Union Pacific Railroad to pull out of Palestine

BY PENNYLYNN WEBB for palestineherald.com

Union Pacific Railroad met with Palestine staff Thursday and told them they have 60 days until the Palestine Car Facility closes June 14, according to longtime employee Brad Henry.

Henry said the employees were asked to a meeting with UP management at the Hilton Hotel in Palestine. They were given notice and then told they could take the rest of the day off and report back to work Monday, April 19.

Henry has been employed at the Palestine Car Shop for 15 years as a Carman welder.

UP communications manager Robynn Tysver confirmed the company notified employees Thursday at its Palestine Car Facility that as many as 57 positions will be eliminated in mid-June.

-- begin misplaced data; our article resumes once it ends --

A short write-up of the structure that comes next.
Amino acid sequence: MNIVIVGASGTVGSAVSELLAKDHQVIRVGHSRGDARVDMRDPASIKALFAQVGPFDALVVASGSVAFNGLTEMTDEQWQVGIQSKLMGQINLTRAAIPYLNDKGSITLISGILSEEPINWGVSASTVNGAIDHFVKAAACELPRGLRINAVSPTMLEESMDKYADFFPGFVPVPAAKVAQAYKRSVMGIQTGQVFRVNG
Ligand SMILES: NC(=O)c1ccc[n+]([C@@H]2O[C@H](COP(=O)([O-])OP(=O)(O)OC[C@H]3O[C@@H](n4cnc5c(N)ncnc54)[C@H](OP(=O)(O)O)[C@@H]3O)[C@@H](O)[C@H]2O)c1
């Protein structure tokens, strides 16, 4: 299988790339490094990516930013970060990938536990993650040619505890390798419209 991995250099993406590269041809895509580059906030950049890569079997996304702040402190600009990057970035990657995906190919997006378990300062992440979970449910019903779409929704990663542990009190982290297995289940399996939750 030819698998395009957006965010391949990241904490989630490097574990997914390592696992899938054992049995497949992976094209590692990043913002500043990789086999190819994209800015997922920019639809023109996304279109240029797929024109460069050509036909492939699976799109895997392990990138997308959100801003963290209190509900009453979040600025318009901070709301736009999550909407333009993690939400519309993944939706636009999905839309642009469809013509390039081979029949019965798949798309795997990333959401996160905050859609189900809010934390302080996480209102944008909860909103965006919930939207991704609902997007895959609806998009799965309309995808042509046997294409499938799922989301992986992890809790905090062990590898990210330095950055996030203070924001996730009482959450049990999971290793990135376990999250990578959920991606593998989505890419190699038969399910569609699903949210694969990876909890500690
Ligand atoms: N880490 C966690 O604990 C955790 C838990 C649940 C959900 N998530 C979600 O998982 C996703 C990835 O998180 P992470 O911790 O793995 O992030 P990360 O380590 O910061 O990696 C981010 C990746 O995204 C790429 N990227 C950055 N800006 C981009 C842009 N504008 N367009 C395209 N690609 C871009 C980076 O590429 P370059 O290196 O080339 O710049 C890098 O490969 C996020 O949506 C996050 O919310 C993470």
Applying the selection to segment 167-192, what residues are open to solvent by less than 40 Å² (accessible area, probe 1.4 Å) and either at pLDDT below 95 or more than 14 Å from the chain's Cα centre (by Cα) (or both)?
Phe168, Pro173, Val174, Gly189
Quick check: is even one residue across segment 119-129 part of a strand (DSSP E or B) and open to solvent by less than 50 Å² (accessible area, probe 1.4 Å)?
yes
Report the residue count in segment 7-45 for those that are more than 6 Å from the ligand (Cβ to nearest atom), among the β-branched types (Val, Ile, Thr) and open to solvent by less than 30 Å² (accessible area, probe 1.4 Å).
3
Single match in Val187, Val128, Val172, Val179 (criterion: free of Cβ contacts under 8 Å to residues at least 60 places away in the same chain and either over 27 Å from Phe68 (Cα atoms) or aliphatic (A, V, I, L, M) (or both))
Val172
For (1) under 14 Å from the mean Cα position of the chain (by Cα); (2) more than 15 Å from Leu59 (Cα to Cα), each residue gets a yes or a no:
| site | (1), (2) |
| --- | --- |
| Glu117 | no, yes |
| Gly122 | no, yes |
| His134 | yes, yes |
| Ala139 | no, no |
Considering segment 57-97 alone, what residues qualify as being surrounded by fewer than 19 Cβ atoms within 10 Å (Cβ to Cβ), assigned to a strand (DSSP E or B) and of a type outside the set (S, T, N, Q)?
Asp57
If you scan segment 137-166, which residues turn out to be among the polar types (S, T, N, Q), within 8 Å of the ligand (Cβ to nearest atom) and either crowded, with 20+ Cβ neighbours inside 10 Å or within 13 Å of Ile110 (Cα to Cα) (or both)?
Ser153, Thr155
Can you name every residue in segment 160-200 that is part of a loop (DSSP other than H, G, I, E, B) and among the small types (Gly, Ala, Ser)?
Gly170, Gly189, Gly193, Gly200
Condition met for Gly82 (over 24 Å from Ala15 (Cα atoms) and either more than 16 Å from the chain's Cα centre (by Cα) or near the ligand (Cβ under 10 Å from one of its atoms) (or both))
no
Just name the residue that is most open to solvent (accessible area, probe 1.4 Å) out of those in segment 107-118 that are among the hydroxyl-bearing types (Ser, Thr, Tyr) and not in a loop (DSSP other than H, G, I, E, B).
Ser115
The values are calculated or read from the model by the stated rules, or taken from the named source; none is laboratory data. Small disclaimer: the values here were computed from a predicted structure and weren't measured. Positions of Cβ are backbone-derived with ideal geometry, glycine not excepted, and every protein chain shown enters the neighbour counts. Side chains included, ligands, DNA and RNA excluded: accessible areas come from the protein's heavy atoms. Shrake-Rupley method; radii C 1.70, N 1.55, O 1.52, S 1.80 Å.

She said the workforce reduction is the result of operational changes across its system and is part of Union Pacific’s continuous effort to provide competitive rail service to its customers.

“While Union Pacific is closing our Main Car Repair Facility in Palestine, limited car repair activities will continue in the Palestine area,” Tysver said. “We did not take today’s step lightly but we are determined to do the right thing for the thousands of customers, employees and communities who rely on us to help build sustainable economic growth across the western two-thirds of the United States. We appreciate the support we have received over the years in the communities of Palestine and Anderson County, as well as the hard work and dedication of our employees. We are working with those impacted to help them with job placement activities.”